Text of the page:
“A Welcome Respite” by Kathryn Leigh Scott

Last year Brain Support Network (BSN) volunteer Denise Dagan recommended the book “Last Dance at the Savoy,” by Kathryn Leigh Scott, to BSN members.  It is a beautifully written account of the author’s caring for her husband, Geoff, with progressive supranuclear palsy (PSP).  In it she shares both her struggles and lessons learned as a long term caregiver.

This year Kathryn has published “A Welcome Respite,” which is a stand-alone chapter about her struggles with caregiver exhaustion and the need for respite.  She shares the gradual, almost insipid way in which changes to their routine, which she thought were necessary due to Geoff’s progressing symptoms, were destructive to both their quality of life and the closeness of their relationship.

Fortunately, she also shares how she made positive changes to counter the negatives — once she was able to recognize the signs of caregiver exhaustion.  Obviously, her purpose in setting apart these excerpts from “Last Dance at the Savoy” are to help readers recognize their own caregiving exhaustion and offer suggestions to counter it.  Kathryn encourages long term caregivers to “find a new perspective and refresh ourselves…Daily periods of rejuvenation are vital, too.”

Like “Last Dance at the Savoy,” “A Welcome Respite” is NOT focused on PSP.  It is of general interest to all caregivers.  It can be purchased on Amazon for less than two bucks.

Here are a few passages Denise thought worth sharing.  Denise says:  Perhaps you will recognize yourself in some of them.

Robin

————-

“In preserving the impression that all was fine, I was downplaying the increased responsibility and daily adjustments that gave me less time to refresh myself.  The lack of respite resulted in concealed anxiety and increased fatigue.”

Geoff’s “desire to keep his condition secret meant fewer outings and less social contact.  As he required more care, I cut back on my professional work and outside activities, and we spent much of our time alone together.”

“I’d been slipping into unhealthy habits without realizing it, focusing entirely on Geoff’s welfare and ignoring my own.  I’d prepare special, easy-to-eat meals for Geoff but neglect to put food on my own plate, my dinner turning into an afterthought of leftovers eaten over the kitchen sink.  I’d make a nourishing smoothie for him but fail to have one myself.  I learned how to use a gait belt to give me a firm grip when I took Geoff for walks in the park and rigged an over-the-door fully system for him to exercise with at home, but stopped going to the gym myself and didn’t make time for my own fitness routine.  At the end of the day, in an effort to unwind, I’d pour an extra glass of wine when a quiet, reflective walk in the garden would have served me – and Geoff – better.”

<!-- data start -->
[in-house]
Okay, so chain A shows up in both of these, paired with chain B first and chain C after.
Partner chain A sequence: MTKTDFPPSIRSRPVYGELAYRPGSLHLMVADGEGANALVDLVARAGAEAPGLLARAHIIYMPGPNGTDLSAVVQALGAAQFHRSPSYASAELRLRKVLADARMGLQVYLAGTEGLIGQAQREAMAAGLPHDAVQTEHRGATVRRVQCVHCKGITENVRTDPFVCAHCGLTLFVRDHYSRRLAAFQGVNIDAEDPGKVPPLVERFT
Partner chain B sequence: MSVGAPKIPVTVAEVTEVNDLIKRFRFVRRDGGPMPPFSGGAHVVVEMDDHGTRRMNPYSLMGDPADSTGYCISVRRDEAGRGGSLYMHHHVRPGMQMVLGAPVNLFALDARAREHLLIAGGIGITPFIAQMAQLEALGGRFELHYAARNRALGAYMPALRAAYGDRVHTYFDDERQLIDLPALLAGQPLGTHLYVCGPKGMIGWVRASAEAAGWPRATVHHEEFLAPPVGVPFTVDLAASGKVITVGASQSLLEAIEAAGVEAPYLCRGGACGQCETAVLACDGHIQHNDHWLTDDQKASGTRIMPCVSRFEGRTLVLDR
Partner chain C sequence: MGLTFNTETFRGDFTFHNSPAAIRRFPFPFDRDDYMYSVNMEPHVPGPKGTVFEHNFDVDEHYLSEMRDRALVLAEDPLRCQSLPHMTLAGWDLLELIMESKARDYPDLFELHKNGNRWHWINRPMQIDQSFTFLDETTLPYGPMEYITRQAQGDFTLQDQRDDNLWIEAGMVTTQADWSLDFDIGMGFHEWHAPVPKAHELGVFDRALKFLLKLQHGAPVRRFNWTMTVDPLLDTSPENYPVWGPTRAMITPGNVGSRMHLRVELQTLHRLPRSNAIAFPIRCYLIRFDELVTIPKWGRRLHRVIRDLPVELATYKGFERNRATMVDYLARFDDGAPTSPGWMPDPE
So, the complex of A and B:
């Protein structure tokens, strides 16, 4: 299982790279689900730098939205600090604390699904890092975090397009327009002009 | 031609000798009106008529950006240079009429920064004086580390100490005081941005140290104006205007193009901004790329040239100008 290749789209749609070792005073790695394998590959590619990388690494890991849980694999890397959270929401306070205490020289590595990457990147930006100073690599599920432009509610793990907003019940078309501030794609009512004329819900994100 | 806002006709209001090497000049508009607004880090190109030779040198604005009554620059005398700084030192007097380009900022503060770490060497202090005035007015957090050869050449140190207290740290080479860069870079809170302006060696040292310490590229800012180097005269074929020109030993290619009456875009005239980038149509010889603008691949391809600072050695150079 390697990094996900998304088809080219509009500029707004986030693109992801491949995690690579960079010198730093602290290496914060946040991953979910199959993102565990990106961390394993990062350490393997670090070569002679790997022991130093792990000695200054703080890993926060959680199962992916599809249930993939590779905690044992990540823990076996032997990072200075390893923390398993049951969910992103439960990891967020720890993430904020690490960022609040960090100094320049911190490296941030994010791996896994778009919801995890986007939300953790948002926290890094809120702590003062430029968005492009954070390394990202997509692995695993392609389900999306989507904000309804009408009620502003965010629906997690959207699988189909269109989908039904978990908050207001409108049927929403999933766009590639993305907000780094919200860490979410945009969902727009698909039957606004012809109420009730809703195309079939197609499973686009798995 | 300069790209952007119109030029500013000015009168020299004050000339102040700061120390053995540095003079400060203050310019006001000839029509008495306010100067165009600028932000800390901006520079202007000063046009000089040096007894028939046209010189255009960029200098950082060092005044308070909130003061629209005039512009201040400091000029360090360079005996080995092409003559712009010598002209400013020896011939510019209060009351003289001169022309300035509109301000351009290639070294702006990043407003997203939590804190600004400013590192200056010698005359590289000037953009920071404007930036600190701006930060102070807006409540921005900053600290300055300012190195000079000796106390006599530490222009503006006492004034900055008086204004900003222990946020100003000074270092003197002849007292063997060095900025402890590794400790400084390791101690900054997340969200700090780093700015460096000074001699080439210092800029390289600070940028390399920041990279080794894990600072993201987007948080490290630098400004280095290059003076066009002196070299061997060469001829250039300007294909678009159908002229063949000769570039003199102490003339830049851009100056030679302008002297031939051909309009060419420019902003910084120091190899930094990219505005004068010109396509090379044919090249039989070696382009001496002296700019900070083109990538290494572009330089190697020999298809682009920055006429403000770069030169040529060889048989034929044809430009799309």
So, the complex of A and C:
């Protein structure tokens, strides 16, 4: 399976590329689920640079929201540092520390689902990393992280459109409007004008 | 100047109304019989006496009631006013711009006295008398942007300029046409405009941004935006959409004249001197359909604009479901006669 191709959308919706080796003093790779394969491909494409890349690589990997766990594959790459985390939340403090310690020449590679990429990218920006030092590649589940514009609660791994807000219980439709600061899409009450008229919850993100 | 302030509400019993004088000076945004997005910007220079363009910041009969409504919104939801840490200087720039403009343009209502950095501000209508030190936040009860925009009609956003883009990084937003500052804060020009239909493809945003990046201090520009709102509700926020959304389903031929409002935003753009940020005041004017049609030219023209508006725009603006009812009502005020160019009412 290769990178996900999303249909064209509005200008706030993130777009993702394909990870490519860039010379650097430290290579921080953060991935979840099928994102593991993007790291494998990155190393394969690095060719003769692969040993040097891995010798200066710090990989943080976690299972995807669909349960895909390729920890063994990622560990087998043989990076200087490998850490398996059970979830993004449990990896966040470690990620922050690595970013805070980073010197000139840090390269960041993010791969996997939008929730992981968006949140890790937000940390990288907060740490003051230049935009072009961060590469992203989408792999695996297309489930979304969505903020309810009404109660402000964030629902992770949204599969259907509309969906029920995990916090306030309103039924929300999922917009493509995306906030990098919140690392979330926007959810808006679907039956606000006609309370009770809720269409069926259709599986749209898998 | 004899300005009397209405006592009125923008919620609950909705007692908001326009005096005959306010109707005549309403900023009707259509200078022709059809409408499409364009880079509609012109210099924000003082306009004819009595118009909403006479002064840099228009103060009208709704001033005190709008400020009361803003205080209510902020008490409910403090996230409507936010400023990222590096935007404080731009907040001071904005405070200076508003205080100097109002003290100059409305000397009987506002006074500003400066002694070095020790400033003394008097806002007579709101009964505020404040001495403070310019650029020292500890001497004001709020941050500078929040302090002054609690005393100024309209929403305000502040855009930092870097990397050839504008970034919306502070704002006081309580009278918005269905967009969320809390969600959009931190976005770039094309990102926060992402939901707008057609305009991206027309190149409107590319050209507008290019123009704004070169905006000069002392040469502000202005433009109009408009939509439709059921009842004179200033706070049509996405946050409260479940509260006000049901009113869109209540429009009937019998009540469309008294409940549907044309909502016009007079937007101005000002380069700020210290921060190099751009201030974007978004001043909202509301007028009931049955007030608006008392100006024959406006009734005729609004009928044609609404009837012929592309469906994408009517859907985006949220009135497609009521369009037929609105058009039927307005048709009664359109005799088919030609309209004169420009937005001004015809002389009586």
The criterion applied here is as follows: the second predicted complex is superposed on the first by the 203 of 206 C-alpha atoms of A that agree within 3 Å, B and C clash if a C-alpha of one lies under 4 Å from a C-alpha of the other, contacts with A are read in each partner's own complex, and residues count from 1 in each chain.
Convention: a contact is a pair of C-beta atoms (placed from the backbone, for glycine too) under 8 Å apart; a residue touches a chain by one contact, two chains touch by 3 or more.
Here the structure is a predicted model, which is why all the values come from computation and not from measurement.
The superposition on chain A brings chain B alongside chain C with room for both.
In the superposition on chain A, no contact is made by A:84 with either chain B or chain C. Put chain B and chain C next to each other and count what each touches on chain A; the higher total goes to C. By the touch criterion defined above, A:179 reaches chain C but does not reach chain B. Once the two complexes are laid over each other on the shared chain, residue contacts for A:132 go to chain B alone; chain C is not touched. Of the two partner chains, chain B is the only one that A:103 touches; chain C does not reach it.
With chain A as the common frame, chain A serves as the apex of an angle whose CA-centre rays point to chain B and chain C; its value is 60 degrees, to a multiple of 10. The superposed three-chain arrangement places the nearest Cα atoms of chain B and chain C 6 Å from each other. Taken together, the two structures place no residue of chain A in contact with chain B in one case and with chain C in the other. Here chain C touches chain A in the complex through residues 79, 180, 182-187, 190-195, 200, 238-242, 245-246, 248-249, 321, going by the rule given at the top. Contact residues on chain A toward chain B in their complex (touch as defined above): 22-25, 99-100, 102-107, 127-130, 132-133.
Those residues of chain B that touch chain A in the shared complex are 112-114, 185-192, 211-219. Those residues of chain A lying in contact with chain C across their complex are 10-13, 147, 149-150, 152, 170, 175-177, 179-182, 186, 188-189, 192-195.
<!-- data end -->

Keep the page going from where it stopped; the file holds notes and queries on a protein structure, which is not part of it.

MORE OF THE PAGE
After lunch with a fellow caregiver support group member Kathryn observed, “On my drive home, I realized Mari and I had each expressed major signs of caregiver burnout; anxiousness and fatigue; difficulty sleeping; feeling run down and irritable.  Making mistakes while functioning on autopilot indicates difficulty concentrating.  Feeling resentful and overreacting to minor mishaps, shouting at the very people we were caring for – Mari and I had both experienced these.  Were we also eating and drinking more in place of healthier leisure pursuits?”

“There comes a point when caregivers simply cannot do it all on their own.  When the time care for home hospice for Geoff, it should have felt like a respite to me, but I couldn’t see it that way at first.  With hospice in place, I was no longer my husband’s sole caregiver – a major disappointment.  A doctor was on call, with rotating shifts of nursing aides bathing, feeding and medicating him while I stood by, empty-handed, watching others do what I ought to be doing, and hating that I’d relinquished the intimacy of caring for Geoff myself.”

“Being stripped of the mind-numbing routine labor of caregiving had left me rattled and uncertain.  I was experiencing a curious withdrawal anxiety, wanting to be in charge and fearful that I wasn’t.  Stress at not being ‘burdened’ was getting to me.  I was crying too much, not eating enough.  I needed respite and knew it.”

Axovant’s experimental drug for dementia with Lewy bodies failed in trial

Unfortunately one of the few experimental drugs being studied in dementia with Lewy bodies (DLB) has failed. The drug is known as intepirdine. The manufacturer is Axovant. Here’s a link to a short news article from this morning:

www.statnews.com/2018/01/08/alzheimers-axovant-intepirdine/

BIOTECH
A new Alzheimer’s drug, once worth billions, is headed for the trash
By Damian Garde
January 8, 2018
Statnews

Robin

 

Our drug system is set up to fail, for Alzheimer’s, etc. We need biomarkers.

This is an interesting, long article in Politico, of all places, on Alzheimer’s (and diabetes) drug development.  One focus of the article is on developing biomarkers.  Biomarkers are “biological indicators in patients that can be easily measured, and that provide early indicators of whether an experimental drug is actually doing something that’s likely to help the patient. ”  Of course we need biomarkers for all neurological diseases, not just Alzheimer’s.

Here are some excerpts from the article:

The effort largely revolves around finding better biomarkers for…diseases—that is, biological indicators in patients that can be easily measured, and that provide early indicators of whether an experimental drug is actually doing something that’s likely to help the patient. A good biomarker can drastically cut the need for massive, long-running, superexpensive trials, by giving researchers a fast, easily measured and reliable answer to the basic question, “Does this drug work?” It can also give basic researchers clues as to which research avenues are most likely to pay off, avoiding dead ends and speeding the early stages of development.